Had I remained stubborn old me and only chose to be in London for a month, I would have been sore about not getting the meetings I wanted, worried about the next work related thing instead of being present with my family, I would’ve delayed a necessary life realisation, missed core friendships.

Sometimes it is all too easy to say, “go with the flow”, “surrender”, “just be.” It takes a shift in the mind to practice it.

The only thing we can do is do our best, moment to moment, and show up for what life has to bring each day. Your plans can change, and that’s okay. In fact, it’s more than okay.

Marriage Equality: 7 In 10 Australians Want Me To Be Happy

I see an Australia even better than it is now. An Australia that allows its people to love who they love and live a life they want for themselves.

A government which backs marriage equality will finally give value to all people, and lift a weight off the shoulders of those who have had it too hard for too long.

I write from personal experience, as an Australian living abroad where marriage is legal, and from the shared experience of my friends.

Tomorrow marks a year since I met the group of women who I felt safe enough to come out to. These are the women who gave me my voice and allowed me to step into a confidence that I had never known. I was in England when I met them, a country that passed the Marriage (Same Sex Couples) Act in 2013.

For the first time, life made sense to me. Two of my British friends, both professionals and over 40, have been in a relationship for 10 years, they share a home together and have a law that supports them. As soon as I was introduced to their world, my own life was realised, I kept saying to myself, “this is me.”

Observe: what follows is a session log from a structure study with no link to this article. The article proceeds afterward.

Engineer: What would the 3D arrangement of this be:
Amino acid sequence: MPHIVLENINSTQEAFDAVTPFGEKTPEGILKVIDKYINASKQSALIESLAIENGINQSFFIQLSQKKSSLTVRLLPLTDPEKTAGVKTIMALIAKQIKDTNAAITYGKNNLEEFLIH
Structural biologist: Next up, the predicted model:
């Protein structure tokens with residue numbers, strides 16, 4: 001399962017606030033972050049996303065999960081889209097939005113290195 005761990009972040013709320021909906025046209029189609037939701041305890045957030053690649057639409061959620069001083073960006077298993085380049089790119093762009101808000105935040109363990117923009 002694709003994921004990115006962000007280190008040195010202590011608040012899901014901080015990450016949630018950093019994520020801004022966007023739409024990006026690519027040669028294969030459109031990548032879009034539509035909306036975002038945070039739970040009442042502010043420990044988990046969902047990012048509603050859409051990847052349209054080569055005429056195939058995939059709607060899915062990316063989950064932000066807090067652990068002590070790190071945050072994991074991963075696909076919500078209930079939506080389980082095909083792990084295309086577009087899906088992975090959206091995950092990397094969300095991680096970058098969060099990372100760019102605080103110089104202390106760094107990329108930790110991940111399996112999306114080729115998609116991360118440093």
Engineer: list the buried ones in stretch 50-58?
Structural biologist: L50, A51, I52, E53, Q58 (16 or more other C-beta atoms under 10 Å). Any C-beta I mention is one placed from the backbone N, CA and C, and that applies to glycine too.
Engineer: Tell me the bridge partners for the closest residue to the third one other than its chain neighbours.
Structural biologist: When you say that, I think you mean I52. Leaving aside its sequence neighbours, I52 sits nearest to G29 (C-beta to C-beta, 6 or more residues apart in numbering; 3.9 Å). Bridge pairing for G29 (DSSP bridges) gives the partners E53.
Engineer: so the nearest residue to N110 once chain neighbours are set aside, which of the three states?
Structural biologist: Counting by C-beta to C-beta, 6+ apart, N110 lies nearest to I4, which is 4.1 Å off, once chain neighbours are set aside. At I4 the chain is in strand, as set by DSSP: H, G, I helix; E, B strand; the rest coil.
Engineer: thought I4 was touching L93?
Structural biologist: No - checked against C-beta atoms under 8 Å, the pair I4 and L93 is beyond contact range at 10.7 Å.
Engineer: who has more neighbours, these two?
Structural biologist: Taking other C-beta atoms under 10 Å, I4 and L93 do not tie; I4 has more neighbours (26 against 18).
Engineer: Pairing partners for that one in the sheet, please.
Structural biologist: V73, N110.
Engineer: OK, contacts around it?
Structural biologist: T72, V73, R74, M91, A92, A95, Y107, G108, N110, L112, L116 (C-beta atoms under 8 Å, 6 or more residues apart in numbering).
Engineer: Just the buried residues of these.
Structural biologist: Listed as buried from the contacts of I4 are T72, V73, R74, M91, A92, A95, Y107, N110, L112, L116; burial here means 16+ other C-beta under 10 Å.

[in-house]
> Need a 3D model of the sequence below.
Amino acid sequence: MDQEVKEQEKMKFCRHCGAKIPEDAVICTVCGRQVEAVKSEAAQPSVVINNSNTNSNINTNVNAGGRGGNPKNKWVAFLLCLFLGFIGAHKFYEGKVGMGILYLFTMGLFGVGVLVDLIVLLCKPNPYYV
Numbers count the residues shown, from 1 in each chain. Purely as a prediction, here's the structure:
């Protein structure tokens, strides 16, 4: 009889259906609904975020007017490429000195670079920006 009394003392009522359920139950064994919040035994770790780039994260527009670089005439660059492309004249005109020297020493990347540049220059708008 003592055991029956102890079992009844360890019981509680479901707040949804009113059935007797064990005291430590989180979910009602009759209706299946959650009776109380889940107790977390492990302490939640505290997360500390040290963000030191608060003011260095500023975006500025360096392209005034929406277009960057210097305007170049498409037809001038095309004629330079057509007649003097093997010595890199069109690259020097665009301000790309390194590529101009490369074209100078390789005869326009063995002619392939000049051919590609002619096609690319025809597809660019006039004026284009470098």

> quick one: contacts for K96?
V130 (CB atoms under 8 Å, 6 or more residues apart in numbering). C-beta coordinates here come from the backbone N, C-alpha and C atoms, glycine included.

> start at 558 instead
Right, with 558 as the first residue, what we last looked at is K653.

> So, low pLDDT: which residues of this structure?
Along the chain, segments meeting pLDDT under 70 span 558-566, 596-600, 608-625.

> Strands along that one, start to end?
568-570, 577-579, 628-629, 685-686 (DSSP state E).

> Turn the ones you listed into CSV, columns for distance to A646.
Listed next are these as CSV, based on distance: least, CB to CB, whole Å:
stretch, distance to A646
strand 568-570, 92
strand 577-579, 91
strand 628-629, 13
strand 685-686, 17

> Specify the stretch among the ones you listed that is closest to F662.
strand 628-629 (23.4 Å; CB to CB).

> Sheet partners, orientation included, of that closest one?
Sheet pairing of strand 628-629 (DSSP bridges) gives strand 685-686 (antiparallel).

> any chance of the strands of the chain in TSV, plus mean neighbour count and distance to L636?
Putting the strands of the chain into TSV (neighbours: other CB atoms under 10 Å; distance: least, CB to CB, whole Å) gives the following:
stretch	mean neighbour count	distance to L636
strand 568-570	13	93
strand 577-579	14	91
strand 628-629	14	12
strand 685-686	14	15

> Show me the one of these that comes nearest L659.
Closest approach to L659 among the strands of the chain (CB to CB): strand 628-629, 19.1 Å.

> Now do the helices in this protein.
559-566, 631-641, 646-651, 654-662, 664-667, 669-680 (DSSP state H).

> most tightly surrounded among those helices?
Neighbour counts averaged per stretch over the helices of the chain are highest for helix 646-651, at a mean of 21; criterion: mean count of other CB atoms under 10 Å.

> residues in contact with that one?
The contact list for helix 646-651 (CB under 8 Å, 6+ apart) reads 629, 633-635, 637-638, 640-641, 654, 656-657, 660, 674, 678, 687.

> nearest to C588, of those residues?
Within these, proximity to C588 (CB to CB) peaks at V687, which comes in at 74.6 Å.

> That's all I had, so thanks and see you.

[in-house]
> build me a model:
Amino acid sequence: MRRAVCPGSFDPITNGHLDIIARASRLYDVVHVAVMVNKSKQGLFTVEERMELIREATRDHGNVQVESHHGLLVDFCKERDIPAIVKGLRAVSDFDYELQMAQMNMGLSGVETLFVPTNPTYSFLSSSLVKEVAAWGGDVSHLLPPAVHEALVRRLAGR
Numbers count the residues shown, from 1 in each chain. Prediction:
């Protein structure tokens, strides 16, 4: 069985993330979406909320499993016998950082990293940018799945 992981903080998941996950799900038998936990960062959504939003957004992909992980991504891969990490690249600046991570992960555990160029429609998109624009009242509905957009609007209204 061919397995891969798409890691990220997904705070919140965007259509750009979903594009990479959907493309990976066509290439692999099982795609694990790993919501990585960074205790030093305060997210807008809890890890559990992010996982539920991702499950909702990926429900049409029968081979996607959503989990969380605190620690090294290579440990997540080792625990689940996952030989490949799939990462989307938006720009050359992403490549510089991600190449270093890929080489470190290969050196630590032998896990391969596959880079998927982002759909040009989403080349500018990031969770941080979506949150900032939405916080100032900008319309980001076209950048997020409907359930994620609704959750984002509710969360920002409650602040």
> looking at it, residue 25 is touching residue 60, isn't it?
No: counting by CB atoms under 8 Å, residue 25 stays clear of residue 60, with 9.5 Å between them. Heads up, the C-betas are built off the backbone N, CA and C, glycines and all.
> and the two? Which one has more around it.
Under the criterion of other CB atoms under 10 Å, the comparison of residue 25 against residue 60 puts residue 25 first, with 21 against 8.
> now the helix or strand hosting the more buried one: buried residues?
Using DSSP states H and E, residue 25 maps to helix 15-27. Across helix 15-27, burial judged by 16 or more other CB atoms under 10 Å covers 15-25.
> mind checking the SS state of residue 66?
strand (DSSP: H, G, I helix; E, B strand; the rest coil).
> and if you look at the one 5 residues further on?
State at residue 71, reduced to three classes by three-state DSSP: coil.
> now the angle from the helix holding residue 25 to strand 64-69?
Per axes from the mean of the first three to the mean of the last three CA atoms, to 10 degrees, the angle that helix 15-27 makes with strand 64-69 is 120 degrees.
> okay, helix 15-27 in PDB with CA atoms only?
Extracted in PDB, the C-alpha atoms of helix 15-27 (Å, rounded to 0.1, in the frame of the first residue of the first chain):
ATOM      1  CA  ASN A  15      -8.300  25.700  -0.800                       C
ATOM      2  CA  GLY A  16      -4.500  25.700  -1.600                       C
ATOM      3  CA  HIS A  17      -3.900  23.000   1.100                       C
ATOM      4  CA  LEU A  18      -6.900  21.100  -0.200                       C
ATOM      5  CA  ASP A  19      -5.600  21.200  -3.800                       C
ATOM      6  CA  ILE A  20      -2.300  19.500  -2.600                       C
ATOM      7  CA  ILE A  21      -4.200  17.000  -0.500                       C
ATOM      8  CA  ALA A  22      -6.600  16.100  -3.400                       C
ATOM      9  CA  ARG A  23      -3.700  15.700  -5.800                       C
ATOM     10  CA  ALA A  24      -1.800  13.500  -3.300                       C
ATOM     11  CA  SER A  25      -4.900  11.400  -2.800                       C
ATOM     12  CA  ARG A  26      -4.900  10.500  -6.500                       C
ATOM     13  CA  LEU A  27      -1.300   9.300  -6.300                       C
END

The same feeling swept over me when the U.S. Supreme Court recently ruled in favour of same-sex marriage. I currently live in Los Angeles. While same-sex marriage has been enacted in some parts of the US since 2008, to have nation-wide support on this human right made me feel visible, protected, and cared for in the eyes of the law and in every one of the 50 U.S. states. I felt connected to my gay friends more than ever and it gave us all a sense of belonging.

And in April of this year, when I had enough courage to come out, words had new meaning to me. I felt immense joy for knowing who I am. And the word pride had true gravitas, as for so long I felt different, confused and at times, ashamed.

I had a pretty happy upbringing, but I can’t help but think that it was our society’s derision and rejection of openly gay people that drove my sexuality so deep within me that it made it challenging for me to come out.

I’m old enough to know that I am not the only one that had a hard time with this. The stats around anxiety, depression and suicide rank higher than our hetero-sexual counterparts. A study by Concordia University, California says that those that are lesbian, gay or bisexual and exposed to homophobia are 14 times more likely to take their own life.

The rejection continues with the exclusion of same sex couples from legal marriage.

Polls show that more than 70 percent of Australians want the ability for people to live and love whoever they want, regardless of gender.

This is our opportunity to move from the sidelines, from supporting from a distance the forward thinking of nations like Ireland, New Zealand, England and the US, to joining them as leader in an important and necessary change.

Australia is so close to marriage equality. So much closer to equal respect. And so much closer to acknowledging its citizens as equals.

I’m hopeful that soon we’ll be able to increase the pride in our own country, and celebrate a government that supports the view of the majority of Australians, and continues to build a reputation for celebrating diversity.

This blog post also features in the launch issue of Huffington Post Australia